Clinton Rebukes Allies, Calls for 'Decisive' Move on Bosnia : Balkans: Christopher is directed to explore 'tougher measures' with coalition partners. President denounces Bosnian Serb rejection of peace formula.


President Clinton on Thursday called the Bosnian Serb assembly's rejection of a peace plan a "grave disappointment" and--in a blunt challenge to U.S. allies in Europe--demanded that the international community agree to "act quickly and decisively" against the Serbs.

Clinton, taking a sharp tone, said that he had directed Secretary of State Warren Christopher to continue consultations with Britain, France and other balking coalition partners until they come up with "tougher measures" that would break the stalemate in Bosnia-Herzegovina. Clinton also asserted that the United States would act only with full European participation.

"America has made its position clear and is ready to do its part," Clinton said. "But Europe must be willing to act with us. We must go forward together."

Clinton's response came as Yugoslavia said that it would sever all aid to the Bosnian Serb fighters. If carried out, such an embargo would effectively cut off the fighters' main source of fuel, weapons and ammunition.

The President's comments, during a speech to the Export-Import Bank, were among his strongest language yet on the dilemma and--in a notable twist--were directed as pointedly at European allies as at the Serbs. As his remarks intensified the pressure on both groups, they pushed the new President a step closer to either embarking on military action or on a humiliating retreat.

Since the Administration's announcement Saturday that it is prepared to use force to end the bloodshed, events and diplomatic talks have steadily narrowed Clinton's options.

Unless European leaders turn about and begin to support U.S. proposals, the President will face a choice between acting unilaterally, in the face of opposition from allies and a majority of Americans, or backing down from his stated resolve to end the conflict with military measures.

There were some indications Thursday, however, of shifting attitudes in Europe. Talking to allied officials, Christopher found a more receptive audience than he had before the vote of the Bosnian Serb assembly.

"I feel we are moving toward convergence," a senior Administration official said Thursday evening. "I see this coming together."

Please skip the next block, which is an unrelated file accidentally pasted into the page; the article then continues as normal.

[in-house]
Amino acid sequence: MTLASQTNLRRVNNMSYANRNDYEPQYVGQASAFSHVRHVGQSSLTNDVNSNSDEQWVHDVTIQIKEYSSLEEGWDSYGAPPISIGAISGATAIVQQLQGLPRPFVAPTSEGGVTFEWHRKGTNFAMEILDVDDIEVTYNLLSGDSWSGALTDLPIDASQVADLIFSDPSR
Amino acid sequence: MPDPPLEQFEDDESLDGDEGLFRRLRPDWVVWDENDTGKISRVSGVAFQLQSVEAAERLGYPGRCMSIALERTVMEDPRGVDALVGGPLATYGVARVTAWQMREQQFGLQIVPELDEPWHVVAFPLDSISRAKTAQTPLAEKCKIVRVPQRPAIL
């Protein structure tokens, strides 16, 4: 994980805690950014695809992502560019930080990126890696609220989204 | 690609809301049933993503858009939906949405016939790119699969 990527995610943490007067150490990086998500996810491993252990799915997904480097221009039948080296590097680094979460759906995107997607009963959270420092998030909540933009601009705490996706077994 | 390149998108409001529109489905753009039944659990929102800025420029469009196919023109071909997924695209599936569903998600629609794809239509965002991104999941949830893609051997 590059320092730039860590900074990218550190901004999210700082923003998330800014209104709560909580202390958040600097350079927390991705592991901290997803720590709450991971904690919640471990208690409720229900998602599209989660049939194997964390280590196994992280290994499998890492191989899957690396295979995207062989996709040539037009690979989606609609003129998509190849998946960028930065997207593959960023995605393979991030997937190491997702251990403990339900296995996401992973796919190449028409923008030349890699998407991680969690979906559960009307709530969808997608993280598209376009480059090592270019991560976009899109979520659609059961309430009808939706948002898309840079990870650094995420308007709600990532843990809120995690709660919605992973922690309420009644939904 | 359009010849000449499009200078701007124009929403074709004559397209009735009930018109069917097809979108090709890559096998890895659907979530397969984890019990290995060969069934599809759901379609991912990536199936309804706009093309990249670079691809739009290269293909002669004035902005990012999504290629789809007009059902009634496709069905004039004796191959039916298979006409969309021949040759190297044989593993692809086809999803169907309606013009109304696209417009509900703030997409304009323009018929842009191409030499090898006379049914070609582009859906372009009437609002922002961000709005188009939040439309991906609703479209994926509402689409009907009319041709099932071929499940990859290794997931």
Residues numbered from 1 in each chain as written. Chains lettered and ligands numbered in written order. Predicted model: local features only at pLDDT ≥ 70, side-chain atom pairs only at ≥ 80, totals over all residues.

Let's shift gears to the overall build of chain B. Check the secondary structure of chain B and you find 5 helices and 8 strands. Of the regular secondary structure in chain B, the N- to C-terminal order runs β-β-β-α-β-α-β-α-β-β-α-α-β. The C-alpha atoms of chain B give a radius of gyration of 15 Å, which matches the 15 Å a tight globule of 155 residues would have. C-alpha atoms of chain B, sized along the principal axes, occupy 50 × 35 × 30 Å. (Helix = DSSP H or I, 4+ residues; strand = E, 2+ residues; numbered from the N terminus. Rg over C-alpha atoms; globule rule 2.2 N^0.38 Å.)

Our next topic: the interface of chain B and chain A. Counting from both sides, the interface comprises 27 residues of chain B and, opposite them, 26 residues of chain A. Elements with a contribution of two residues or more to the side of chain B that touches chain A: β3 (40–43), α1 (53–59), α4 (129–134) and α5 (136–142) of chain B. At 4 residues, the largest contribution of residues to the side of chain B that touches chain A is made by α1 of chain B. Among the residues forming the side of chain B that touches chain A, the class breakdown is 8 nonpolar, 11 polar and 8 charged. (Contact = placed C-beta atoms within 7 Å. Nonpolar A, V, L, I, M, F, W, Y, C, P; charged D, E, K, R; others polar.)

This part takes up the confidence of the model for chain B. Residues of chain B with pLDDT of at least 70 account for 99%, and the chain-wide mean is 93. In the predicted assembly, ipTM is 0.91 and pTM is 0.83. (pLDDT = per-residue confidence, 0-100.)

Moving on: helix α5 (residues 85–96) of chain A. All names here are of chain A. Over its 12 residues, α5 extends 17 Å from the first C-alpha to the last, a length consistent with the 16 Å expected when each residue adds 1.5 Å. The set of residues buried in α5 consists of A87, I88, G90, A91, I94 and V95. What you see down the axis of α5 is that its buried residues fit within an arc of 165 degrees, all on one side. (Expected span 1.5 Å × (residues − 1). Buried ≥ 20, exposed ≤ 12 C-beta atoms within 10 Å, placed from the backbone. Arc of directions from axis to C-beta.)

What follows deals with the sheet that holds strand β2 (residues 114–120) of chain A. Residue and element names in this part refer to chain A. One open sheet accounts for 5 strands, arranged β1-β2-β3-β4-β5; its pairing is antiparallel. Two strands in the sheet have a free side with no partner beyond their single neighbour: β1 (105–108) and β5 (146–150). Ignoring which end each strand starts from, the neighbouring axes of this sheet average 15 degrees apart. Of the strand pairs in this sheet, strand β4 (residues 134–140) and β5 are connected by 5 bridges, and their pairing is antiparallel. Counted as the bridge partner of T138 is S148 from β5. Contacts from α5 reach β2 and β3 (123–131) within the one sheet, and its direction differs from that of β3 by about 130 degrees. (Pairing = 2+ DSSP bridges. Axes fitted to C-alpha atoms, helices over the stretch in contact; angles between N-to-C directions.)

Christopher talked by telephone to both British and French officials Thursday. Earlier, Turkish officials gave strong support, and German officials more limited support, to plans for stronger action, U.S. officials said.

If the United States does persuade its allies to take military action, it will not begin immediately. U.S. officials said it is likely that they will ask the United Nations for a resolution supporting further action against the Serbs. But the request will not be made until next week at the earliest.

In New York, the U.N. Security Council unanimously passed a resolution Thursday declaring Sarajevo and four Muslim areas U.N.-protected safe areas. The resolution demanded that the Serbs halt all shelling and move their forces back from the towns of Tuzla, Zepa, Gorazde and Bihac.

While the Security Council dispatched little more than a band of observers to enforce its demands, it warned the Serbs that if they fail to comply, the council will consider adopting a new resolution authorizing "any additional measures necessary" to ensure implementation--an apparent threat of future military action.

In a resolution adopted in April, the Security Council already had declared Srebrenica a safe area and sent 220 Canadian peacekeeping troops there to protect it. While the Serbs have enough force to disperse the Canadians easily, they have hesitated to risk further enraging world opinion.

The Security Council also ordered another 50 military observers sent to Bosnia to join the 9,000 peacekeepers on duty there.

In his comments, Clinton said that the vote by the parliament of Bosnian Serb leaders was no more than a stalling maneuver. He said that the leaders' call for a referendum on the peace plan proposed by the United Nations and the European Community "can only be seen as a delaying tactic to further consolidate the gains they have made, because of the enormous advantage they have in heavy artillery."